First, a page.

For me, the best sort of comedy in games comes from voiceover when the player characters pass through a trigger, or in brief cutscenes used as save points or rewards for episodic sequences. The reason being, these moments don’t interrupt the flow of the game. Some amount of control by the storyteller is needed for effective comedy; the reason certain glitches are funny is because the circumstances in which they appear or are recounted lend them incidental depth. An NPC falling through the floor is a bit strange and alarming, and may be mildly amusing for its inconvenience, but it’s far funnier if the same NPC falls through the floor right after saying, “Follow me!” Strange things happening in a game are likely to be viewed initially as aggravating if they’re not visibly intentional, which is where voiceover and cutscenes become an advantage. Players trigger them and expect bland exposition about where they need to go on some quest or another, and they’re rewarded instead with a joke. This is where the Portal games derive most of their humor from, and it works pretty effectively.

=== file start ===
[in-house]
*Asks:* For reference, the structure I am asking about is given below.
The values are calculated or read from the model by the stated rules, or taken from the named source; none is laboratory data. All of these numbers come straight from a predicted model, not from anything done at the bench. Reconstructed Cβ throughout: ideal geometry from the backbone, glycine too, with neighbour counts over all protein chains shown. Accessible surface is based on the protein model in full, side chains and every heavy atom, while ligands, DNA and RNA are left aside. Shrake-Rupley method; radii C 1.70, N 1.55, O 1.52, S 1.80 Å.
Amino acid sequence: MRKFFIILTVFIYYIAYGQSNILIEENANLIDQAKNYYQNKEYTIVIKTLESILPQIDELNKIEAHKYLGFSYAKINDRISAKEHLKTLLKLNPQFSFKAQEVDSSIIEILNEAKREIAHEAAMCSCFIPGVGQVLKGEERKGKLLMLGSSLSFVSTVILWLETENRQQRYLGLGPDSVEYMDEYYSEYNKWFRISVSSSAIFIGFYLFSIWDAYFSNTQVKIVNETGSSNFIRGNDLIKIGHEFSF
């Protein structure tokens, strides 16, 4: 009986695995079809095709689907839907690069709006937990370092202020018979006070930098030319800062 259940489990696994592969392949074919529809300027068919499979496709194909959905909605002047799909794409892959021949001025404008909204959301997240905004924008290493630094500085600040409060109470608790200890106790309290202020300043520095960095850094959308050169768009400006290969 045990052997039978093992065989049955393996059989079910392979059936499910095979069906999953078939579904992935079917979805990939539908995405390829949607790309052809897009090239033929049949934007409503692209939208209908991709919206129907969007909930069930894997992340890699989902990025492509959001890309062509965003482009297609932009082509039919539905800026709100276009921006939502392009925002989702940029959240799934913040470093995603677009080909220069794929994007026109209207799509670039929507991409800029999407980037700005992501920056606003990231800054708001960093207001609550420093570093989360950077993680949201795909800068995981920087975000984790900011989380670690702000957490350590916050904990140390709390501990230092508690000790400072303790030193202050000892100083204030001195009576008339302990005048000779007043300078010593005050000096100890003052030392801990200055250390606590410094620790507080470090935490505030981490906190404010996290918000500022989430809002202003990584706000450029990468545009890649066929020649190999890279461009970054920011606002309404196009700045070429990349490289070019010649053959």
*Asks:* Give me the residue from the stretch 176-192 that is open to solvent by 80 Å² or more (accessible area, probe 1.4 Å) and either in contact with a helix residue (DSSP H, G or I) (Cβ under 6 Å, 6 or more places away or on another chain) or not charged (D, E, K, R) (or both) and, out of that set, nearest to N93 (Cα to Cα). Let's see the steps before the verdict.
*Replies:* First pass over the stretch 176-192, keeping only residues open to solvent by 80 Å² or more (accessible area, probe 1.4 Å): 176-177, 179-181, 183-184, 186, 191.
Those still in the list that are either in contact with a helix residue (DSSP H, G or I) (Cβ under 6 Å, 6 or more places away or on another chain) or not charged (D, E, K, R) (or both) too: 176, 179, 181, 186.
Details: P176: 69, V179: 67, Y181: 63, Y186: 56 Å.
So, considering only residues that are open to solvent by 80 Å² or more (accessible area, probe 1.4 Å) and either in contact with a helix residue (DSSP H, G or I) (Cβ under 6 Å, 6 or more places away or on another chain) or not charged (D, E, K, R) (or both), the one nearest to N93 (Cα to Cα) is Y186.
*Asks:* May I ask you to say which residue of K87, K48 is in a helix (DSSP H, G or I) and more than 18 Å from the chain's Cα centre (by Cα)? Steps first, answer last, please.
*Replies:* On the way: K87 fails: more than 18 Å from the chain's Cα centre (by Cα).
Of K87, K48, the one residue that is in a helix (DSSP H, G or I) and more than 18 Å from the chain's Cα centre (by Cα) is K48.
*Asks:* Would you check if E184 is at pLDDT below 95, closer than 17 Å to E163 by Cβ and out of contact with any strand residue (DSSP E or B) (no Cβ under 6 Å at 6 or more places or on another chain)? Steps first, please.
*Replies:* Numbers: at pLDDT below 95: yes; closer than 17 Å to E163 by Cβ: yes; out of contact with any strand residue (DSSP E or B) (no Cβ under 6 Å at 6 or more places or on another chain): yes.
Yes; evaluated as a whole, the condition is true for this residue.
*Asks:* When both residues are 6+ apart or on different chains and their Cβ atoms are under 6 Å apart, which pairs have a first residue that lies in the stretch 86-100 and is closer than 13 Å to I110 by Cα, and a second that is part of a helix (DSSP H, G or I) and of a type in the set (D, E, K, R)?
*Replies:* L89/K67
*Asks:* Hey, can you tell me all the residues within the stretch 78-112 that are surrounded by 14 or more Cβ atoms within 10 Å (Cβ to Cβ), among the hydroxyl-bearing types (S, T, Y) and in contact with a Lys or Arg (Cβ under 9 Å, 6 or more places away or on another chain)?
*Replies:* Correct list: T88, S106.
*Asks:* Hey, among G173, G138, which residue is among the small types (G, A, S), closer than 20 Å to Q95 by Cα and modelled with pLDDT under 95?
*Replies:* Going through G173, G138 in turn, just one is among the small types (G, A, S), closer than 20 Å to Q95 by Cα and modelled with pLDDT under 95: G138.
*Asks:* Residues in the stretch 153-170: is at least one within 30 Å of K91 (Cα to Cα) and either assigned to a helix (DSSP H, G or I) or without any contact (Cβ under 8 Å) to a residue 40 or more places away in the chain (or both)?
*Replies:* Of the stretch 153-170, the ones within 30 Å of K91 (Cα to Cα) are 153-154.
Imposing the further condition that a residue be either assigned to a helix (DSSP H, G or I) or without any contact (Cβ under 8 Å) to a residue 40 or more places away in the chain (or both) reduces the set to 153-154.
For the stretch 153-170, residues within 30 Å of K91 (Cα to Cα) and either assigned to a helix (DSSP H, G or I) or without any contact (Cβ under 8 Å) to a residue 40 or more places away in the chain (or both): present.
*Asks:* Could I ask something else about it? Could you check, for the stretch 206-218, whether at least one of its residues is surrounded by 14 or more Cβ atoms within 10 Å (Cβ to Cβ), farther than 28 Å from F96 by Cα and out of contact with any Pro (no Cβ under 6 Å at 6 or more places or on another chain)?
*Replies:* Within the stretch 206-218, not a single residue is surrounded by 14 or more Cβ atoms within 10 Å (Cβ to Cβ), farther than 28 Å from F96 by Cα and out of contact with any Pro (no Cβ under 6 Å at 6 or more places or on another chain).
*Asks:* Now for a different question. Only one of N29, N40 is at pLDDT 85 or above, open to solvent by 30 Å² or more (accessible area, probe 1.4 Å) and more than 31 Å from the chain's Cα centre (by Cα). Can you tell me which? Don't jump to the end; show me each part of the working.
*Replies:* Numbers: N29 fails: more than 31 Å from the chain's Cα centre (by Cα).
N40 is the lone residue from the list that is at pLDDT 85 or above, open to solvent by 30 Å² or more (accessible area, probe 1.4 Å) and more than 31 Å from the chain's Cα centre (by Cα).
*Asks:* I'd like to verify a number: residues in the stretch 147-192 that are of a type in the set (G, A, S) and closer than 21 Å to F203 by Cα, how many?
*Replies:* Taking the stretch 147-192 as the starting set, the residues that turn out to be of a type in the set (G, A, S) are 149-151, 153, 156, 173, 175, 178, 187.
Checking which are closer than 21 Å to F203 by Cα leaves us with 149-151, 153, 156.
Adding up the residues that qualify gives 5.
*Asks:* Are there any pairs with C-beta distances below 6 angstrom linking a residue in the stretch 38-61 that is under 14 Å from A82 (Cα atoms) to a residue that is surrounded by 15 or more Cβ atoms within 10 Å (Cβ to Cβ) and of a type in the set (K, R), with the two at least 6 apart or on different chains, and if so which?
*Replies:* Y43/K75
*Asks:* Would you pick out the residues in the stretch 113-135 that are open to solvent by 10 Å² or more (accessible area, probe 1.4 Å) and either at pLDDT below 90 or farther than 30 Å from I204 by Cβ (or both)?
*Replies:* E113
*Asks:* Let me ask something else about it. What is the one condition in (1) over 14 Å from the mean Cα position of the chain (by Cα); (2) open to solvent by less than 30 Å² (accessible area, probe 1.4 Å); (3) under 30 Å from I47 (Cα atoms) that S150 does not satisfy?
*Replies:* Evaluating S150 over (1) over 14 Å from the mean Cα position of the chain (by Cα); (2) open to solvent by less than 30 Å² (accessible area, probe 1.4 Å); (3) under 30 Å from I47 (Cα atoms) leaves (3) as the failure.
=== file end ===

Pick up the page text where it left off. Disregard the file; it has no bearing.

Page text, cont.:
Psychonauts is a genuinely funny game. Its humor is one of the qualities that makes it endearing. It uses a lot of humor in its cutscenes, of course, intermixing them with its bizarre drama and extending expositional sequences for the sake of humor. Not all of the jokes land, and a few memorable ones are utter duds, but the bulk of humor told this way holds up fairly well. As with its narrative and characterization, the humor within the game can’t simply be separated out as a single component. It’s woven into the other aspects of the game, particularly the characters, and it rarely stands in isolation. Jokes are never just jokes; while audience members can enjoy them on a simple level, they serve multiple functions.